Canadian Writers in Person: Jack Wang on fiction as a way of relating to the past

An open book

Chinese Canadian writer Jack Wang launched the Canadian Writers in Person series for 2022-2023 with a reading from We Two Alone. Wang offered a compelling presentation about the historical figures and events that inspired the short stories in this collection.

Jack Wang Book We Two Alone (Cover)
Book cover of Jack Wang’s We Two Alone

When asked about the research he undertook for these stories, Wang said the process can be quite different from story to story, but it often starts when he finds himself stopped in a scene because he is missing some kind of authenticating detail. “And if I do feel stopped in that way, I often have to go looking for that detail, do that research in the middle of the composition in order to authenticate and believe in the story myself.”

Initially, Wang puts a lot of his research in the story, as a way of bookmarking the information. But in subsequent drafts, in the process of revision, it’s almost always a matter of paring back the information so that the emphasis is really on drama, on character and what the character yearns for. “I want the context to be understandable, but … I think it’s the dynamics of desire and drama that holds our attention, so I find myself stripping down information and privileging the drama,” said Wang.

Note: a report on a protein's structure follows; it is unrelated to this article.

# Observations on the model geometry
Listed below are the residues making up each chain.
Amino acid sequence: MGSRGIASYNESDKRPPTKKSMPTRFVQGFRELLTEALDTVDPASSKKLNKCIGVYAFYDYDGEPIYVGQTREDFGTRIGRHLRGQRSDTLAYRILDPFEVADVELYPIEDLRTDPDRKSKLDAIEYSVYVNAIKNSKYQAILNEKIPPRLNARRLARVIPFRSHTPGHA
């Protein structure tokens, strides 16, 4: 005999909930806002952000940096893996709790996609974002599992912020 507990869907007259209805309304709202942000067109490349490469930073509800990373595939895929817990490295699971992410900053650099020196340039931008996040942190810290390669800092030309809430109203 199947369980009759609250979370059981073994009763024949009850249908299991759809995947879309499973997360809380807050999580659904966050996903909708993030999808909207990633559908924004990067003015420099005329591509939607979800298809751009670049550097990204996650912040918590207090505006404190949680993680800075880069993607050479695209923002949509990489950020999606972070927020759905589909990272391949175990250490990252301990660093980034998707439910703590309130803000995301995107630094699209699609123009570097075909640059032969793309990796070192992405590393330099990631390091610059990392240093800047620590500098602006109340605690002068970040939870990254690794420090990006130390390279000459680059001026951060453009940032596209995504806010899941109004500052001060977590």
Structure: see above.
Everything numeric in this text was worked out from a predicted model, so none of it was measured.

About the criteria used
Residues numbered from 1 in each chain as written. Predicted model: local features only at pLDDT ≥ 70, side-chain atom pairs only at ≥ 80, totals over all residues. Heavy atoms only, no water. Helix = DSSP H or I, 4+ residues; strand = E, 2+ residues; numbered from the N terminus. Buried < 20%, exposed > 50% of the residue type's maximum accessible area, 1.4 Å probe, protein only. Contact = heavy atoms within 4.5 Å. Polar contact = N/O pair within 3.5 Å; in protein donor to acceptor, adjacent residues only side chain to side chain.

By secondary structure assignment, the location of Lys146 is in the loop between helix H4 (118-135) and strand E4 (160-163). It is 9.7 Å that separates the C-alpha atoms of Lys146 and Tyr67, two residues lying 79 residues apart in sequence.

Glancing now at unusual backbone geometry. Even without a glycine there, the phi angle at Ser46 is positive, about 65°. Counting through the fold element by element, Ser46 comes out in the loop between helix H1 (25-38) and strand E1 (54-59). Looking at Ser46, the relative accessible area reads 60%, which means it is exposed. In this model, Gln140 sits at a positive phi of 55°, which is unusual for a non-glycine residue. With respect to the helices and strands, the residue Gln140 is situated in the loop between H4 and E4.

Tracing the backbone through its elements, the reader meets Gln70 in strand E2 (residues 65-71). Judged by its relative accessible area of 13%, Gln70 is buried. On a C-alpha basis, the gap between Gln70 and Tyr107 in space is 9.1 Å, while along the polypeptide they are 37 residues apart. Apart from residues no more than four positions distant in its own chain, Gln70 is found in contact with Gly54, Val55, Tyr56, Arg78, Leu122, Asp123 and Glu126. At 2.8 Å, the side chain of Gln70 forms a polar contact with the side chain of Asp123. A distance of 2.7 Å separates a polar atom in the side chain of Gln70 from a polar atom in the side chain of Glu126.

“While history presents a story, traditional history doesn’t necessarily produce that embodied simulation the way fiction does, and I think it’s that embodied simulation that allows us to more fully imagine our way into history. In a small way, I think fiction allows a foray into the past,” he added.

We Two Alone can be described as a collection of stories about the Chinese diaspora, set on five continents over a century. Wang says, “these stories are a kind of proxy of my own experience as a Chinese person in the West, who encountered not just Canadian society, but also Western literary tradition… and so I’m only capturing that part of the diaspora that I know best: its encounter with Westernness.” 

Wang said that he discovered early on in his writing career that he enjoyed writing fiction. “For me, writing fiction meant that I had to step outside of myself and learn something that I didn’t already know. So, I found that writing a story set in the past allowed me to refract my own experience,” said Wang.

Wang’s reading and presentation for the Canadian Writers in Person series took place Sept. 20.